Monday, June 18, 2012

Susan Tyrell, R.I.P.

On Turner Movie Channel tonight they were running John Huston's 1972 film "Fat City", with Stacy Keach and Jeff Bridges. And Susan Tyrell, a cult favorite (or "thesp" as Variety calls her). I high-tailed it to the computer to look her up and discovered, among the Bing search results, that she has a web site ( which I looked up and discovered, to my shock, that she had died. I mean just died, on June 16.

She was nominated for an Oscar for her performance in "Fat City" and made a lot of movies thereafter, not many that could even remotely be called mainstream (e.g. "Forbidden Zone" in which she played Queen Doris of the Sixth Dimension). She was like some force of nature -- there's a scene in "Fat City" that takes place in a bar. Stacy Keach is telling a story to two other people at their table, and Susan just sits there, smoking, drinking, listening. She's not deliberately pulling focus or upstaging anyone. But even when she's just sitting there, looking off into the middle distance at God knows what, she's riveting. You can't take your eyes off her. (Pauline Kael called her "an entire school of acting", which was not intended as a compliment.)

Years ago in some magazine there was a photograph of her in a white hat and a 40's style dress with palm trees all over it, that I ripped out and copied in water color. Years later, when I was living in LA, my then-partner and I went to a little theater in Hollywood to see her one-woman show "My Rotten Life" which took a finely-honed meat cleaver to all those one-person shows about the triumph of the human spirit over whatever and what a swell person I am, even I can hardly believe it, the ups and downs of this business we call Show... She had none of it. In her version, she was telling the story of her life from Hell where she figured she'd probably wind up. I took the water color with me and gave it to her after the show, and she was genuinely touched.

"The last thing my mother said to me was, 'SuSu, your life is a celebration of everything that is cheap and tawdry'," she recalled to the author of a 2000 profile in the LA Weekly. "I've always liked that, and I've always tried to live up to it."

Even she probably didn't know just how rotten her life would become: in late April of 2000 she was diagnosed with an extremely rare blood disorder, "essential thrombocythemia. Only one case in 100,000 is diagnosed each year. Four days later she had both legs amputated below the knee. (For the full LA Weekly article, click the link in the Entertainment Weekly obit: The story of how she wound up sleeping with John Huston and its ultimate effect on her is clear-eyed and chilling and sad.

Yet she kept working and, apparently, maintained her spirit. The warped, sweet, fuck-you attitude that led her to love and identify with and "collect" life's misfits and cast-offs.

She wasn't someone whose career I followed or who, God knows, was very famous. But in a world where people like the Kardashians are considered role models... it just made me sad.

R.I.P. Susu.

Sunday, June 10, 2012

The Best Thing I Ever Heard from a Genius

Stephen Hawking, close to the sun.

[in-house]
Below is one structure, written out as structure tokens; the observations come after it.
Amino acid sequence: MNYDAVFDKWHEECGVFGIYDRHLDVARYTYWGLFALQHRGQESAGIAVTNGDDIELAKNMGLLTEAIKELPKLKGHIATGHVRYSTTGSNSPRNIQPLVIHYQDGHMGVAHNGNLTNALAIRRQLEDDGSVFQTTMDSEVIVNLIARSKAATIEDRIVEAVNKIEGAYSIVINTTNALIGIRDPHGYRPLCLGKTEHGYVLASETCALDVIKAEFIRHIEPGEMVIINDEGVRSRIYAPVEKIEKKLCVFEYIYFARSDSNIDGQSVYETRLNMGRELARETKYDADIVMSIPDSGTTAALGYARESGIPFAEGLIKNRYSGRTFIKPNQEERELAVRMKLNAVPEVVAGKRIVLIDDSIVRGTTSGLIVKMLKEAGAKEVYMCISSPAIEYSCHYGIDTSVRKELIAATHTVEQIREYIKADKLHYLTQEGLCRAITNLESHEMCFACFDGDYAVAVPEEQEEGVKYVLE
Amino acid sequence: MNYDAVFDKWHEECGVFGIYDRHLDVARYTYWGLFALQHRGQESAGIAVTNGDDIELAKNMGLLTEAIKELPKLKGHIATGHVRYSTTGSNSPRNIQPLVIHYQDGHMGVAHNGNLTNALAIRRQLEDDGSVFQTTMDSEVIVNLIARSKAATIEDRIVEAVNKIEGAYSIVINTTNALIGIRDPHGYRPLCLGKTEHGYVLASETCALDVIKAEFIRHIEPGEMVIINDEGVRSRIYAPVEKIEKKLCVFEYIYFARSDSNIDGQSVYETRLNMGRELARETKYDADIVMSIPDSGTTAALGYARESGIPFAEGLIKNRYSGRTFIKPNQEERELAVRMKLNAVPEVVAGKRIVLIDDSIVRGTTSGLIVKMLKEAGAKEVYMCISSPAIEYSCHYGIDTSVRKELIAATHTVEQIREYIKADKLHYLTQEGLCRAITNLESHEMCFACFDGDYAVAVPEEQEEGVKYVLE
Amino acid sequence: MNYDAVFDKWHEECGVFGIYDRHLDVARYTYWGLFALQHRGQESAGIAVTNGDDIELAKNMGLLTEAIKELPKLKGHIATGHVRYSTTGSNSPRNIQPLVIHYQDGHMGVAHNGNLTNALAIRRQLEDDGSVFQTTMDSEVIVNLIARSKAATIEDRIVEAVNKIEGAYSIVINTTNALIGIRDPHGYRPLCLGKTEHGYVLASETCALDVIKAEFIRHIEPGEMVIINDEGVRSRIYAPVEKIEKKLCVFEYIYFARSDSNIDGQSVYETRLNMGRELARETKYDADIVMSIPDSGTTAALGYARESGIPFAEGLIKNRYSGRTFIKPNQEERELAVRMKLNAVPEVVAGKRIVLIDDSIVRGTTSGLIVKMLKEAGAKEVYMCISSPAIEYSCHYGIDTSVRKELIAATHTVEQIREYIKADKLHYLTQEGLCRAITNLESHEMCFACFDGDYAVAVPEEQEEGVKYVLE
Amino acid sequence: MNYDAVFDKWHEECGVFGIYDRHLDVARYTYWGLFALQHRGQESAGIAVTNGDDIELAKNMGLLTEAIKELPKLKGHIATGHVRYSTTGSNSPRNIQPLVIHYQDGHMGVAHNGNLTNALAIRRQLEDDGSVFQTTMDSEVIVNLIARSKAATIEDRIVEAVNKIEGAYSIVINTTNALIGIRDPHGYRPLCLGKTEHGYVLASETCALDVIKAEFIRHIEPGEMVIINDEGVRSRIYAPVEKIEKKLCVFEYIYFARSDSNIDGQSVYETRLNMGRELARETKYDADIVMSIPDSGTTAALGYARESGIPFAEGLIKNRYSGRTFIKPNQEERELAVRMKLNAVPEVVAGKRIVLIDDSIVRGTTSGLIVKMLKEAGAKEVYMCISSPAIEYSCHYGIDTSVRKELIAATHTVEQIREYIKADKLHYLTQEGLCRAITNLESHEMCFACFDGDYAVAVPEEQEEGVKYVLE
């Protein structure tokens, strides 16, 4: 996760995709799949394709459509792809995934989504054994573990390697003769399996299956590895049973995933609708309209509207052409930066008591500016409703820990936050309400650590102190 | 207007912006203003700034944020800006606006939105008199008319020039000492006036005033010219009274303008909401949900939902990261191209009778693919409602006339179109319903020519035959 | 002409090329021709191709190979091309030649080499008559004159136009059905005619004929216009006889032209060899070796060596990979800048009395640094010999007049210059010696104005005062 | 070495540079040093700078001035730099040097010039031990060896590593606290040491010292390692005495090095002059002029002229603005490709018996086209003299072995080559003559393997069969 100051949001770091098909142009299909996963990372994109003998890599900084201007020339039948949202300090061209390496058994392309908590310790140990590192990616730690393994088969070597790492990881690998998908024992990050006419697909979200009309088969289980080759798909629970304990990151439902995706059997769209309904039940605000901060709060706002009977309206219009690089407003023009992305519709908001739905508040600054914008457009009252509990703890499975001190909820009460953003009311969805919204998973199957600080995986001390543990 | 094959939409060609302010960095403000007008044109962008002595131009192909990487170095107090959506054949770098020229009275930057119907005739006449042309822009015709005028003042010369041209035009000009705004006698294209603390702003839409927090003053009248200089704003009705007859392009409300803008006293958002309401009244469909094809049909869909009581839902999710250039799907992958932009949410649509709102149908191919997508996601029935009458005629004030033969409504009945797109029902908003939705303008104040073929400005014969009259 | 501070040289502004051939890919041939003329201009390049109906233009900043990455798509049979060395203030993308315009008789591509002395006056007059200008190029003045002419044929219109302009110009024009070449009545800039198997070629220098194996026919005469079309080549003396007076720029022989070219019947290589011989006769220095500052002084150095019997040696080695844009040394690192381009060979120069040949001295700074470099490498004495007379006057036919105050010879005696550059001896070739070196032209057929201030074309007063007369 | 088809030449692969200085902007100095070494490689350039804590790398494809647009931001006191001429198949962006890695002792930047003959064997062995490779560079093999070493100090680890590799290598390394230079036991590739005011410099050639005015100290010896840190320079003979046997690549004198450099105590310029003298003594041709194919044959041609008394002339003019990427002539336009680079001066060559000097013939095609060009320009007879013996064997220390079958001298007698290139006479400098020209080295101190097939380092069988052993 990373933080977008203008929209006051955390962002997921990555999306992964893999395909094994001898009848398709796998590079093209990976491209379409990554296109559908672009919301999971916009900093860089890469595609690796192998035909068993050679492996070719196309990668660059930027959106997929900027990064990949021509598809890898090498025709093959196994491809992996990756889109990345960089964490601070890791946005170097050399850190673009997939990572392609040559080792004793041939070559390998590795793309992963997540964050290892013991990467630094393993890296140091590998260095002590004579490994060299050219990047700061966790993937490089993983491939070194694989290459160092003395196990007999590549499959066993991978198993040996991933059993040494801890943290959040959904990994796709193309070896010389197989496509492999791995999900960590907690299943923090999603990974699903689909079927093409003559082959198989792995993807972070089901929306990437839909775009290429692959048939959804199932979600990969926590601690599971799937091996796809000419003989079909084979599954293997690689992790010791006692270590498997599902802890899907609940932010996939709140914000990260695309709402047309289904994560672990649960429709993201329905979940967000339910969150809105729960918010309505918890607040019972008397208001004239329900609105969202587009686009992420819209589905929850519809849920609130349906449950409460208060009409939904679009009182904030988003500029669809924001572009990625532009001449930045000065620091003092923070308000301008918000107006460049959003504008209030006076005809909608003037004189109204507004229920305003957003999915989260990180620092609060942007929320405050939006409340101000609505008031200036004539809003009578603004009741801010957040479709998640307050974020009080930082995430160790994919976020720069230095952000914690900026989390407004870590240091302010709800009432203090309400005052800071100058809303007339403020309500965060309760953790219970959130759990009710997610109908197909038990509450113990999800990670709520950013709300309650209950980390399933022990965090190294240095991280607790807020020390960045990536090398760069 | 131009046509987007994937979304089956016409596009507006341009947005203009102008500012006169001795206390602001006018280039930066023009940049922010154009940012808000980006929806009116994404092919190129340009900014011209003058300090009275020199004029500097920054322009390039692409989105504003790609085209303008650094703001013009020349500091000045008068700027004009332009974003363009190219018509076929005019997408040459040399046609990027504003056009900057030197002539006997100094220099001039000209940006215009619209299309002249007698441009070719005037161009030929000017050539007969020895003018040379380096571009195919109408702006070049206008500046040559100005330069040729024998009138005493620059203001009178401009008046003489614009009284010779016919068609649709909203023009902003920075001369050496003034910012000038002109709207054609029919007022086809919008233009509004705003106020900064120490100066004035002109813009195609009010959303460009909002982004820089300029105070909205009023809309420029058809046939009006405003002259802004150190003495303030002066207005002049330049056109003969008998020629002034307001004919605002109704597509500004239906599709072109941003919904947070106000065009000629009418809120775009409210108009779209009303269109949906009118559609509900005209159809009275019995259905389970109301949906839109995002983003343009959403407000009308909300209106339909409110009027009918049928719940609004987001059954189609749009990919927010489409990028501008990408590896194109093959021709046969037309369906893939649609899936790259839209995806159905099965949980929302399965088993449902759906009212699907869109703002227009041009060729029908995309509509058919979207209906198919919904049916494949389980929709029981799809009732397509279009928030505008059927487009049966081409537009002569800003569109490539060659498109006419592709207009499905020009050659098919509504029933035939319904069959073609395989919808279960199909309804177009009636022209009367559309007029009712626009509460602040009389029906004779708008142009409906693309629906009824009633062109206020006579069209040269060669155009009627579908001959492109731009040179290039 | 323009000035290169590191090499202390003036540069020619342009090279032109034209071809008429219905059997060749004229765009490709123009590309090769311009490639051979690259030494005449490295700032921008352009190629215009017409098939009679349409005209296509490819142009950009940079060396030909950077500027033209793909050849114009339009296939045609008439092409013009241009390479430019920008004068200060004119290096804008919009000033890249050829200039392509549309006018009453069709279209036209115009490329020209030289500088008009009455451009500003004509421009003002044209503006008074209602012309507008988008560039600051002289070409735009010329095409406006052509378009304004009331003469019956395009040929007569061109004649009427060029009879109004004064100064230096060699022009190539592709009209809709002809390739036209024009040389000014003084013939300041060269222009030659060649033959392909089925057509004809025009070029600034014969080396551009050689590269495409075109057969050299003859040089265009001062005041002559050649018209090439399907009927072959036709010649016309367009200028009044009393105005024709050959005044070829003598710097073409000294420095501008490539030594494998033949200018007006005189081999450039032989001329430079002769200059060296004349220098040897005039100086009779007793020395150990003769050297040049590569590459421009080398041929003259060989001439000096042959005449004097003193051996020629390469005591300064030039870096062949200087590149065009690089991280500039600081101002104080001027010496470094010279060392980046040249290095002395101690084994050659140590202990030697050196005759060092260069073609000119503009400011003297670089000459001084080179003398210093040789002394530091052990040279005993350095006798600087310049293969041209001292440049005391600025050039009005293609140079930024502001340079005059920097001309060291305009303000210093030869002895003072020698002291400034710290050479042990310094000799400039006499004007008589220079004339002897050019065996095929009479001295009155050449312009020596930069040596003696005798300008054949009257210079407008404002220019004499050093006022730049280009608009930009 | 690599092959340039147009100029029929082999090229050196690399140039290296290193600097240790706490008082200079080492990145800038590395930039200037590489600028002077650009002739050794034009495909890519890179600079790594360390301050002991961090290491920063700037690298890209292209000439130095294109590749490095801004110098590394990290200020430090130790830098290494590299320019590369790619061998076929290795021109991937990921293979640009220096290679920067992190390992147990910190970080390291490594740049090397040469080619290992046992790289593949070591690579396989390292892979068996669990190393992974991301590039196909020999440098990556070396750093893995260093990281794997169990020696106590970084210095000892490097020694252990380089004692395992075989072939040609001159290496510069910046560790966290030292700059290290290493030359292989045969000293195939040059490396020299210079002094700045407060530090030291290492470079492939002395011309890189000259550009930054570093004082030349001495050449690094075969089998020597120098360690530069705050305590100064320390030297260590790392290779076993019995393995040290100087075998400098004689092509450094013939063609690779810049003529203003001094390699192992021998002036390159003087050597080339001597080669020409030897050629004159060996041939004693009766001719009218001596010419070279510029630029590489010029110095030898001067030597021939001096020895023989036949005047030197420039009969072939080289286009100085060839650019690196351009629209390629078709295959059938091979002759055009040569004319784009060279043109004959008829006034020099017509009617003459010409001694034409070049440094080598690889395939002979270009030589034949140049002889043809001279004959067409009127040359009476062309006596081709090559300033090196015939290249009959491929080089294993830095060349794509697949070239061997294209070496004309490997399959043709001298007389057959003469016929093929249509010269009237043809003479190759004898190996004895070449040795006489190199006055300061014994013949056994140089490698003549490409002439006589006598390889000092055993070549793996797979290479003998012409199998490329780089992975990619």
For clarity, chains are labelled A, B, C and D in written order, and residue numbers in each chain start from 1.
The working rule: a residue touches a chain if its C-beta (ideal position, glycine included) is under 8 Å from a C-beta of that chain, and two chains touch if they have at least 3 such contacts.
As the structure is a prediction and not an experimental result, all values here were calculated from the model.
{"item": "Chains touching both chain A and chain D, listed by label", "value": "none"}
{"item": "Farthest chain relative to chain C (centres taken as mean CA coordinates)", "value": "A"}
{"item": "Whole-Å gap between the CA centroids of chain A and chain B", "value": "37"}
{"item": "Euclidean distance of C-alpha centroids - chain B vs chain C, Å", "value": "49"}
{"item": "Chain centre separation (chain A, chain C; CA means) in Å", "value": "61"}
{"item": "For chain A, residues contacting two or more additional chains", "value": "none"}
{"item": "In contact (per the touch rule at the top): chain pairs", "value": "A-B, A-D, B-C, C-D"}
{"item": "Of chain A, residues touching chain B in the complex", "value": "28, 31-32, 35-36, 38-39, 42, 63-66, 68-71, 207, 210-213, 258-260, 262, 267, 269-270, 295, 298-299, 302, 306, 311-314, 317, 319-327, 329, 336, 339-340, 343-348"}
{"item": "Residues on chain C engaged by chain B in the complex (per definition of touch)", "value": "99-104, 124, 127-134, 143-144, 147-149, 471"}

"Stephen Hawking is a British theoretical physicist and cosmologist, a renowned professor at Cambridge for 30 years. His contributions in cosmology and quantum gravity catapulted him to fame in the global scientific community. He predicted that black holes emit radiation. But he became controversial when he crossed the deep chasm between science and religion, and claimed that the Universe came from nothing and had no Creator." --Sister Raquel's Blog -

Not surprisingly many people violently disagree with his theories. (Just check out the YouTube videos with titles like "Stephen Hawking is an Idiot".) Nevertheless, it's undeniable that he's survived and thrived in spite of apparently insuperable odds, the kind of circumstances that lead parents to say to whiny children, "You think you have it bad? Look at ________!
He's got something to cry about!"

The other night I tuned in to an episode of "Stephen Hawking's Grand Design", a TV series on Discovery Channel based on Hawking's book. It's fascinating, for sure, although from time to time I got more than a little confused as he tried to make the inexplicable clear to a numbskull like me, but only served to further cloud the waters.

But one thing did strike me. At the beginning of each episode, Hawking introduces himself the same way:

"Hello, my name is Stephen Hawking: physicist, cosmologist and something of a dreamer. Although I cannot move and I have to speak through a computer, in my mind...I am free."

I've been trying to start and end each day with a little prayer and meditation, with limited success. But the minute I heard those words I connected, I understood. I felt a sense of peace. So I think I'm going to try starting out with a variation on Hawking's intro. I'll just substitute "physicist" and "cosmologist" with "academic co-ordinator" and "artist". And say "Although I have to work five days a week and have (fill in the malady), and have to (fill in the complaint du jour) my mind, I am free."

How beautiful is that?

Saturday, June 9, 2012

"Call Me Gay-be"

So I was about to put together a new post about meditation and wakefulness and being alive vs. living in the past. Or living in the past vs. living in the Now... blah, blah, blah...

Then, while searching YouTube for something I saw on the news , I landed on this. I don't know if these guys are gay (I'm guessing not) but it's so cute and cheerful and, frankly, a little hot, that I thought "Screw enlightenment! Let's see some cute hetero guys shakin' their booties and (almost) making out with each other!"

 Click here: Call Me Gaybe ... love it!